From Empty To Fed: Boxer Galley Preps For Return To Service
By MC2 Christopher Menzie
What was cold and grey two weeks ago aboard amphibious assault ship USS Boxer (LHD-4) now teams with colors and familiar smells. Vaults that once lay dormant are now filled with stacks of soda and condiments. The freezer that eight days before was non-operational is now home to meats and cheeses. Empty pans along the chow line are filled with baked chicken, fries, green beans, and whatever else is on the day’s menu. The mess deck that had been a silent place for people to meet after the last deployment is now one of the ship’s loudest areas. As of May 14, the galleys are in business.
According to Chief Warrant Officer Adaryll Ferguson, the head of food service, getting food from the pier to the tray takes the efforts of a small army of culinary specialists and food service attendants working together. Here is how it works: Generally, to get food to a ship, you must order it, receive it and store it. The menu is then decided by a watch captain. Items are brought up from storage, prepared and placed out for consumption. According to CSCS (SW/AW) James Dykes, this is how it works when the galleys are operating normally.
To get things to this ‘normal’ level, FSAs and CSs have spent the last few weeks cleaning, repairing and training in preparation for inspection. Before everything could go online, Medical had to check to make sure all food prep and storage spaces were sanitary. To make matters more complex, the CSs had to work around contractors and Sailors who are also working in the spaces to do such things as resealing the mess deck floors and welding machines into place.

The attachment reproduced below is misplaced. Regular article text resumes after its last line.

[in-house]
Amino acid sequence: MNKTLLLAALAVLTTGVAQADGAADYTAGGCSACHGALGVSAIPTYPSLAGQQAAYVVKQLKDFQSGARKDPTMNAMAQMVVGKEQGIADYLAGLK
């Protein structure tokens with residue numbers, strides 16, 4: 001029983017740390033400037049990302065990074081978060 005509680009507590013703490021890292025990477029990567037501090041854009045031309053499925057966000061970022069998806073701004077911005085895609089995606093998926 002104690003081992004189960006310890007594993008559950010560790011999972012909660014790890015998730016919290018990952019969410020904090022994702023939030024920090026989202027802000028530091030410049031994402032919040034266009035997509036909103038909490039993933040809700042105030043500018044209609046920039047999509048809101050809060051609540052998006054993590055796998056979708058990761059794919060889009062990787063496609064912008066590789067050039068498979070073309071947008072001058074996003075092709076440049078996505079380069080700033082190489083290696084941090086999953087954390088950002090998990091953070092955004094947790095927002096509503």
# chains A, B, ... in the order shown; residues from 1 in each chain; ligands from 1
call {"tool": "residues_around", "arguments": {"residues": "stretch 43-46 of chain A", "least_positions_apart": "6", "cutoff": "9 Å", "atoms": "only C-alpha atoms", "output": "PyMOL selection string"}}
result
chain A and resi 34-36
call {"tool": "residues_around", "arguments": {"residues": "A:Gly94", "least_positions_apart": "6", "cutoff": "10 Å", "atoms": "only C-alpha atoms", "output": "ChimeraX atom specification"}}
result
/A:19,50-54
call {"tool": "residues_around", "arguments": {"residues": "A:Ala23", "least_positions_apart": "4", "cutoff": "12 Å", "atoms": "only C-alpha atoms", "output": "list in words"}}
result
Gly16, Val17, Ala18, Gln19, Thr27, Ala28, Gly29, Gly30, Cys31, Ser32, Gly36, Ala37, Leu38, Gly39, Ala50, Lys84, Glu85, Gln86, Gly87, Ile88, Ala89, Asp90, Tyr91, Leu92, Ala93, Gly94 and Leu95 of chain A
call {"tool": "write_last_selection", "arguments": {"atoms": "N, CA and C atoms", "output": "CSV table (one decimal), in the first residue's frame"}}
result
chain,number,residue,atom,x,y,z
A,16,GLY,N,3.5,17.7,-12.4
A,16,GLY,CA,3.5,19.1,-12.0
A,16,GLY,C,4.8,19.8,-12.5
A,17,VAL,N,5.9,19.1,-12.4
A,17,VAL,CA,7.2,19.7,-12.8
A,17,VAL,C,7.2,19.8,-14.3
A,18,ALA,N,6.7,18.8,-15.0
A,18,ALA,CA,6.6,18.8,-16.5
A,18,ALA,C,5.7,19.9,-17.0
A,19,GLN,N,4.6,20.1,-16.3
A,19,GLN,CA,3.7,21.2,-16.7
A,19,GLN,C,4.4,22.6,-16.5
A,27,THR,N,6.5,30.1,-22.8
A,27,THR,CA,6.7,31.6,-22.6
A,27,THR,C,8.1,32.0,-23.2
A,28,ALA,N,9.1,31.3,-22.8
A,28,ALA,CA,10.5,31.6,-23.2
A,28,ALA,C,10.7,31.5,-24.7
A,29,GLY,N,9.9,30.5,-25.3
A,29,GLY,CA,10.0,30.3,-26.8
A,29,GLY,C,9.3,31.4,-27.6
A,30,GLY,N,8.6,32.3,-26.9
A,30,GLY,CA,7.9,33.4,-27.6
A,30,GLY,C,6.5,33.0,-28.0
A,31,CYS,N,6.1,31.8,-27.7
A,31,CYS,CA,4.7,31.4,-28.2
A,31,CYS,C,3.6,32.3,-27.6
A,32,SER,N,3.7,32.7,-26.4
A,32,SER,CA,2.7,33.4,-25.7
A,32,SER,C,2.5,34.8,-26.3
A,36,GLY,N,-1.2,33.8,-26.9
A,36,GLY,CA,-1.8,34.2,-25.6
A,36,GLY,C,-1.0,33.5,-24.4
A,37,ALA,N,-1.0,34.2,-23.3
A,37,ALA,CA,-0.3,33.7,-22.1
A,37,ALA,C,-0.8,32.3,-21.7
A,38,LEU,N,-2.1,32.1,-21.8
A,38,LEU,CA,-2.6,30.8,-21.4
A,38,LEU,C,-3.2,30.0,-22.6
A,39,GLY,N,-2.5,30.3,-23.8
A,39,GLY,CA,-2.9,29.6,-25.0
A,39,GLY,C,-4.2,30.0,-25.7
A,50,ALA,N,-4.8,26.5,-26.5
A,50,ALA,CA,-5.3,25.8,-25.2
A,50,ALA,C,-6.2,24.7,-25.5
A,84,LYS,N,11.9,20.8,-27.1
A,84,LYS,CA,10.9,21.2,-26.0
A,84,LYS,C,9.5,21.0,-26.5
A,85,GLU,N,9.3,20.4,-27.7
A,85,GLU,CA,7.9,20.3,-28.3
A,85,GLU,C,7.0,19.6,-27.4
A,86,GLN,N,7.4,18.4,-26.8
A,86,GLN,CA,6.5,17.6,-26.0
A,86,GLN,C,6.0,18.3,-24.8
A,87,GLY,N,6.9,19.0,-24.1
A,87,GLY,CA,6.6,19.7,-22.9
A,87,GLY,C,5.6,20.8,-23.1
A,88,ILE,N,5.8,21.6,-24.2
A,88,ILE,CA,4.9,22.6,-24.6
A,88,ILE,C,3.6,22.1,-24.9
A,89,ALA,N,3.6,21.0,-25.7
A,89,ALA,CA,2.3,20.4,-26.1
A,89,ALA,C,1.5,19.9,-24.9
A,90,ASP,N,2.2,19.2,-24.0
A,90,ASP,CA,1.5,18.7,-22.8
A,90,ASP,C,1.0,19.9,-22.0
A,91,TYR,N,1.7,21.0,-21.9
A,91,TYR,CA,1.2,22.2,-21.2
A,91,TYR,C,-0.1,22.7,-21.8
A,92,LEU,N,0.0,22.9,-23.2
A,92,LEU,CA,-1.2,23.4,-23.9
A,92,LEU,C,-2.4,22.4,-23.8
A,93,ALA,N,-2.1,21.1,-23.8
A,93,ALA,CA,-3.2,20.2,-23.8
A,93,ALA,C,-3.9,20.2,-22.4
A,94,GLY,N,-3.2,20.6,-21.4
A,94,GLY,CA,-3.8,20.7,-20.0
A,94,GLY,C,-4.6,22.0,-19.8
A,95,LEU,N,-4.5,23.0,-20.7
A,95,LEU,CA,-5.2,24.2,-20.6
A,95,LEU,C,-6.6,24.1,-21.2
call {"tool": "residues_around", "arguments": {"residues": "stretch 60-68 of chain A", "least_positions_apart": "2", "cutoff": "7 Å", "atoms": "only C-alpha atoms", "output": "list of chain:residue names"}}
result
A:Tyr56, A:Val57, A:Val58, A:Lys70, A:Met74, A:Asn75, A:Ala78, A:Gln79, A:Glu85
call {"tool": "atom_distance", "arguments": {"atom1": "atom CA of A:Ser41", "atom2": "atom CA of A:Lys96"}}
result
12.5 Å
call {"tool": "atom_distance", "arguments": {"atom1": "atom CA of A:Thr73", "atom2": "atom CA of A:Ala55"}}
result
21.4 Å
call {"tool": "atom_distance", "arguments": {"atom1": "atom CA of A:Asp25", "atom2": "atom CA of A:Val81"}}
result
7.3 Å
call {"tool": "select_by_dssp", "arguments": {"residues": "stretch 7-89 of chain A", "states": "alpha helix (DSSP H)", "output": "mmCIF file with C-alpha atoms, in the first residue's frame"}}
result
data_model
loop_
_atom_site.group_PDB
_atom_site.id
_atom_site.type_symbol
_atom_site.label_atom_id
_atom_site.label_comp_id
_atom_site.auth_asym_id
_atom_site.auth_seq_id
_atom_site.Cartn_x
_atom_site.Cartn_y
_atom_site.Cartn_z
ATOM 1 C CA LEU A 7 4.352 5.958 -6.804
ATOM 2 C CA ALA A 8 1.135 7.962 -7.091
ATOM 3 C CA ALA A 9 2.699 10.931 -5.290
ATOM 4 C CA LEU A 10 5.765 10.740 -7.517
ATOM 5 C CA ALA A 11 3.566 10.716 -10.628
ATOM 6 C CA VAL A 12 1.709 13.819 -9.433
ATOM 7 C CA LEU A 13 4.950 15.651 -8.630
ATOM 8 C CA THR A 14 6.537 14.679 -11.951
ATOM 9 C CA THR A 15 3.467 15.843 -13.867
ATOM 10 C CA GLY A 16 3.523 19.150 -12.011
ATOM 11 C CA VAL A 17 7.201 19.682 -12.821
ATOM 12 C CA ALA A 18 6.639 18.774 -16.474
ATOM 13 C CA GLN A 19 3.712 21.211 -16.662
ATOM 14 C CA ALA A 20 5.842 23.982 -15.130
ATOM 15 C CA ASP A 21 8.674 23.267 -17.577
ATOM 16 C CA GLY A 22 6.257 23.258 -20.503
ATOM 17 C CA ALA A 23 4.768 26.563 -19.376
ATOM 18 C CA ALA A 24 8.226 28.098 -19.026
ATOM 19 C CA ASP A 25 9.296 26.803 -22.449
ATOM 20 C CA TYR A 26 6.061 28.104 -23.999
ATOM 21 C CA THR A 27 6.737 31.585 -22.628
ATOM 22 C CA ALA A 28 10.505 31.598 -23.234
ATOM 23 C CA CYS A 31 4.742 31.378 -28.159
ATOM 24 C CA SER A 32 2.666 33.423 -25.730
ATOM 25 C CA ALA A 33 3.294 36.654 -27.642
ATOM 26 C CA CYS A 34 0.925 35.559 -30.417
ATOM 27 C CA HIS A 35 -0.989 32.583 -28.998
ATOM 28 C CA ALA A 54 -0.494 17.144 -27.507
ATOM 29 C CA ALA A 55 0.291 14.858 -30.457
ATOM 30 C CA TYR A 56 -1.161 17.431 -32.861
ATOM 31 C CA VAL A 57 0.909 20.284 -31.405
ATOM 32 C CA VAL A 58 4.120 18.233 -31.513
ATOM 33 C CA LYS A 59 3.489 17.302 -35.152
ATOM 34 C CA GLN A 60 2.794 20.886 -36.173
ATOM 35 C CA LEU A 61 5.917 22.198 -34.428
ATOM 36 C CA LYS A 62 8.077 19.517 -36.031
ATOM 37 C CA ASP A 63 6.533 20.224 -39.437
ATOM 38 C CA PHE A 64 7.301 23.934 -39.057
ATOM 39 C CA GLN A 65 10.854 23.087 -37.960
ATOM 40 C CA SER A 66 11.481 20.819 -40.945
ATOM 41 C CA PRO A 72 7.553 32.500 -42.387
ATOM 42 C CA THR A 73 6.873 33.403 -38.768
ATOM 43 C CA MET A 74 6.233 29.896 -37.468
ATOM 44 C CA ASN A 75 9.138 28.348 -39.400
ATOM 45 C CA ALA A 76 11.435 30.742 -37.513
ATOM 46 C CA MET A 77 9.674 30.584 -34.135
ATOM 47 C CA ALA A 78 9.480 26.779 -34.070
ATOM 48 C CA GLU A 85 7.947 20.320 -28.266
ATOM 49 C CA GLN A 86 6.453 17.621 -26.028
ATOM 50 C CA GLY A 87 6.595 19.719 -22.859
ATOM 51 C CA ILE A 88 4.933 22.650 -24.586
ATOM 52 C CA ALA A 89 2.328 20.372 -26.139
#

While that was taking place, engineers were busy getting the temperature in the freezer to the proper level for food storage. When sanitation levels were up to standard, freezers were working, and storage space was ready, food service was ready for supply on load.
During the first week of May, the galley took on roughly five tons of supplies through a week-long evolution of upload and dispersal. Forklifts brought the food up to the hangar bay where a chain of Sailors passed boxes of meat, vegetables and beverages to their proper places in store rooms and the freezer. With the onload complete, it was time to feed once more.
Going forward, the food service leadership has high expectations for their crew and the experience they can bring to the Boxer.
“We want to be the best crew on the waterfront,” said Dykes. “When you go to a buddy’s ship and try their food, you can still brag that yours is better.”
Fergeson also wants his mess decks to play host for “healthy choices, healthy meals, and a place where Sailors can congregate and focus on other things besides work.”
When Sailors have had a hard day, sometimes those are the things that matter the most.